IA: What do you know about the current state of the arts? Please talk specifically about individual writers, etc. whom you know (or whose work you know), their topics/techniques/theories, and in general about your sense of North American arts right now.
KC: My sense of it is that this is an exciting time in America for poets and less so for fiction writers. The democratization of writing can be overwhelming, and in such a climate the writer may despair of finding an audience, but still the variety and range of voices in poetry can only be stimulating. I’m not sure why the same isn’t true of fiction, and of course there are fine fiction writers around, but not enough. I doubt that that’s the result of MFA programs; I think MFA programs serve many good purposes. Probably overall the blame goes to the major publishers, who often can’t recognize good fiction, or even good writing, and when they do, feel it’s not marketable.
Meanwhile, superb writers (some of them both poets and fiction writers) such as Fred Chappell, David R. Slavitt, Richard Dillard, Henry Taylor, Richard and Robert Bausch, Skip Horack, Jennifer Haigh, Sandra Meek, Cathryn Hankla, Renee Ashley, Gjertrud Schnackenberg, ZZ Packer, Edward P. Jones, Derek Walcott, Seamus Heaney, Henri Cole, Philip Levine, Francine Prose, Angela Alaimo O’Donnell, Berwyn Moore, Jim Shepard, Ron Currie, Jr., Michael Chabon, A. G. Mojtabai, Charles D’Ambrosio and somewhere between fifty to five hundred others continue to produce work we need to read.
IA: How do you think the arts (your own or others’) are responding to present and potential world-movements, such as postmodernism, the looming “post-human” and phase, and the possible artistic effects of the Eastward orientation of economics and Christianity?
KC: This is quite a question! Well, I’ll just pull out a piece of it. “The looming ‘post-human’” phase has brought about any number of apocalyptic novels, experimental short fictions, and sci-fi movies.
IA: How do you think we got to the phase where we are now?
KC: I think John Dewey is responsible for a lot of how we come to be here now. And for me, the unfortunate aspect of that is evident in what is called “postmodernism,” the mixing of pop culture with high culture. Yes, I still believe in high culture. And I believe in not going pop in order to be popular. Somehow, saying this has become associated with elitism, but what, exactly, is elitist about it? High culture (by which I do not mean merely modernism) is available to all who want to enter into it. The trouble with pop culture is simply that it’s not very interesting or entertaining; there is no seriousness to it, no complexity. In short, it’s boring, or quickly becomes boring. Similarly, I’m not interested in recondite literature that pretends to be serious and complex but isn’t. I’m in favor of thought, of clarity, of extension of thought, and depth. I like humor that’s not mean or predicated on a sense of superiority. I like play that’s fun. I like art that is unafraid of human feeling. And I think that irony is a useful tool that in our time has become unfortunately fetishized.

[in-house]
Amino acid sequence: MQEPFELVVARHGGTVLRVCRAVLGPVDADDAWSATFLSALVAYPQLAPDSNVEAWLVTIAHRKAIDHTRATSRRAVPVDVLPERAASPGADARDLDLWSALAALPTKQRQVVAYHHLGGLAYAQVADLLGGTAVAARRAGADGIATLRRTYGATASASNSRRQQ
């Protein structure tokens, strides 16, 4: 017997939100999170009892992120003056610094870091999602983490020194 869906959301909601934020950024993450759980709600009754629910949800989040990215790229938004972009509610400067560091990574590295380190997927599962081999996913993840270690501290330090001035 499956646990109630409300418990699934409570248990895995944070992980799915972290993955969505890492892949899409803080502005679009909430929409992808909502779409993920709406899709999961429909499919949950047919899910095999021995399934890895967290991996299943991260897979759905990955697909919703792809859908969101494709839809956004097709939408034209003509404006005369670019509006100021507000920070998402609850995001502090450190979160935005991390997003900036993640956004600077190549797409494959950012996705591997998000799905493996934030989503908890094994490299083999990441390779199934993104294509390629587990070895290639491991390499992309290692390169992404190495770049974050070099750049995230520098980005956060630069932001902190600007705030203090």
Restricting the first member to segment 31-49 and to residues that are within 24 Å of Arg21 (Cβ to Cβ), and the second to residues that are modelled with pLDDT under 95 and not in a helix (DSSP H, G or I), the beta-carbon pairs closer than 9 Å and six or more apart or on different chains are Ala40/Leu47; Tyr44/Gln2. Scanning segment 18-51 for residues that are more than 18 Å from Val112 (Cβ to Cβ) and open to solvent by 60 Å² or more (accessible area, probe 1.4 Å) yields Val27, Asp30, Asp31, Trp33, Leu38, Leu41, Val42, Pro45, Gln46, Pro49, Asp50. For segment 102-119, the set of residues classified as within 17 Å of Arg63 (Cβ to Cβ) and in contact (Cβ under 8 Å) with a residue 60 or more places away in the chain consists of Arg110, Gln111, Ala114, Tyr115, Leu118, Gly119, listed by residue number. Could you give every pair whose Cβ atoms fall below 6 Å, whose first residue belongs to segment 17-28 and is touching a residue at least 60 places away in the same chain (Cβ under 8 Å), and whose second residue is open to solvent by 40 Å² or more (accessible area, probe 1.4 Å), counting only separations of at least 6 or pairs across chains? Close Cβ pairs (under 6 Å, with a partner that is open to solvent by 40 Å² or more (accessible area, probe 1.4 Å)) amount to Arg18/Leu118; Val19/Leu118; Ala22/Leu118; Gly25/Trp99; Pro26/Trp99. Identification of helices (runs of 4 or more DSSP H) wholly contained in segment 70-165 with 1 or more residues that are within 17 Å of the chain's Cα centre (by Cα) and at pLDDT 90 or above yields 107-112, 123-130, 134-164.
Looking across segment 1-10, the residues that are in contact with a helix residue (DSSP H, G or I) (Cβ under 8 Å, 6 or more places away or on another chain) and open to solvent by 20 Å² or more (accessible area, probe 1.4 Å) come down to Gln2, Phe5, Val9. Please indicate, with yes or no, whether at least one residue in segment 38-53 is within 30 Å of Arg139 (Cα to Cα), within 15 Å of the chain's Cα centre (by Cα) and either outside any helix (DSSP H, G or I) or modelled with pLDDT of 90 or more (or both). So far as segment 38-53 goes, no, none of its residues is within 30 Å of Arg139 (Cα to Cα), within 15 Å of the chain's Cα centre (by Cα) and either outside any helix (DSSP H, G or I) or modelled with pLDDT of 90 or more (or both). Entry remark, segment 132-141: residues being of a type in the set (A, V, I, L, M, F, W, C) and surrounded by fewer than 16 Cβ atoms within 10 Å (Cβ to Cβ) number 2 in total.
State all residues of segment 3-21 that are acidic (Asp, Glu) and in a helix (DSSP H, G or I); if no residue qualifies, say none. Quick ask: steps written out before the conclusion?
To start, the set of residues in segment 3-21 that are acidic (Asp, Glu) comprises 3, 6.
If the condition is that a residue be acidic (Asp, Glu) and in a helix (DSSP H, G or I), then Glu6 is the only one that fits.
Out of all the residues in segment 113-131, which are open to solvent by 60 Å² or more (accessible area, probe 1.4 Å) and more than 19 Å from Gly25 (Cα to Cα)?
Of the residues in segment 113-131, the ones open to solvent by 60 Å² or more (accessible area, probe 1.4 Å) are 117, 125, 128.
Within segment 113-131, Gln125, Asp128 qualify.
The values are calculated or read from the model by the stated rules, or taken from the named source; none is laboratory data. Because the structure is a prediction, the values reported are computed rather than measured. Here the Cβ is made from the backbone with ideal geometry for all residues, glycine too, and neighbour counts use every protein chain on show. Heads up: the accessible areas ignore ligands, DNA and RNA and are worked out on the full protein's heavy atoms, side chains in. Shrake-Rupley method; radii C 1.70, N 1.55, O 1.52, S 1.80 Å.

IA: What do you mean, “irony is a useful tool that in our time has become unfortunately fetishized”? How has it become fetishized? Can you give examples? How ought irony to be used so that it keeps it usefulness?
KC: Irony has been championed to the exclusion of passion. In that degree, it is a type of dishonesty: a desire to be “cool” is necessarily a desire to be someone other than the person one is. Used appropriately as a device, irony can expose hypocrisy, heighten pathos, or make us laugh.
IA: You discussed the boring and simplistic nature of “pop” culture. Is that a matter of form or content, do you think? Is this kind of “art” not great because it is poorly done, because it has nothing interesting to say, or both? In other words, is it a matter of technique or of ideas? And is the boundary between “high” and “low” art easy to demarcate?
KC: It’s both. And the boundary between “high” and “low” is usually pretty evident. If it isn’t evident, I return to it—whatever it is—until I have a clear sense of it. I can say this because I trust my judgment. I am sure not everybody trusts my judgment, but what can I say? I can’t say anything without infuriating someone.
IA: Where are we going?
KC: I don’t think I can answer this better than or even as well as some other folks. Questions regarding war, the environment, vanishing species, immigration, sociology and artificial intelligence make me pay attention, but I can’t answer them. The emergent e-culture frightens me a bit but may turn out to be not a bad thing. Will we survive? Must we reinvent ourselves in silicon in order to survive? Whose work will survive, if anyone’s work survives? What will art mean to robots, or just to future human generations? Darned if I know. Really, all I know is that I have to write.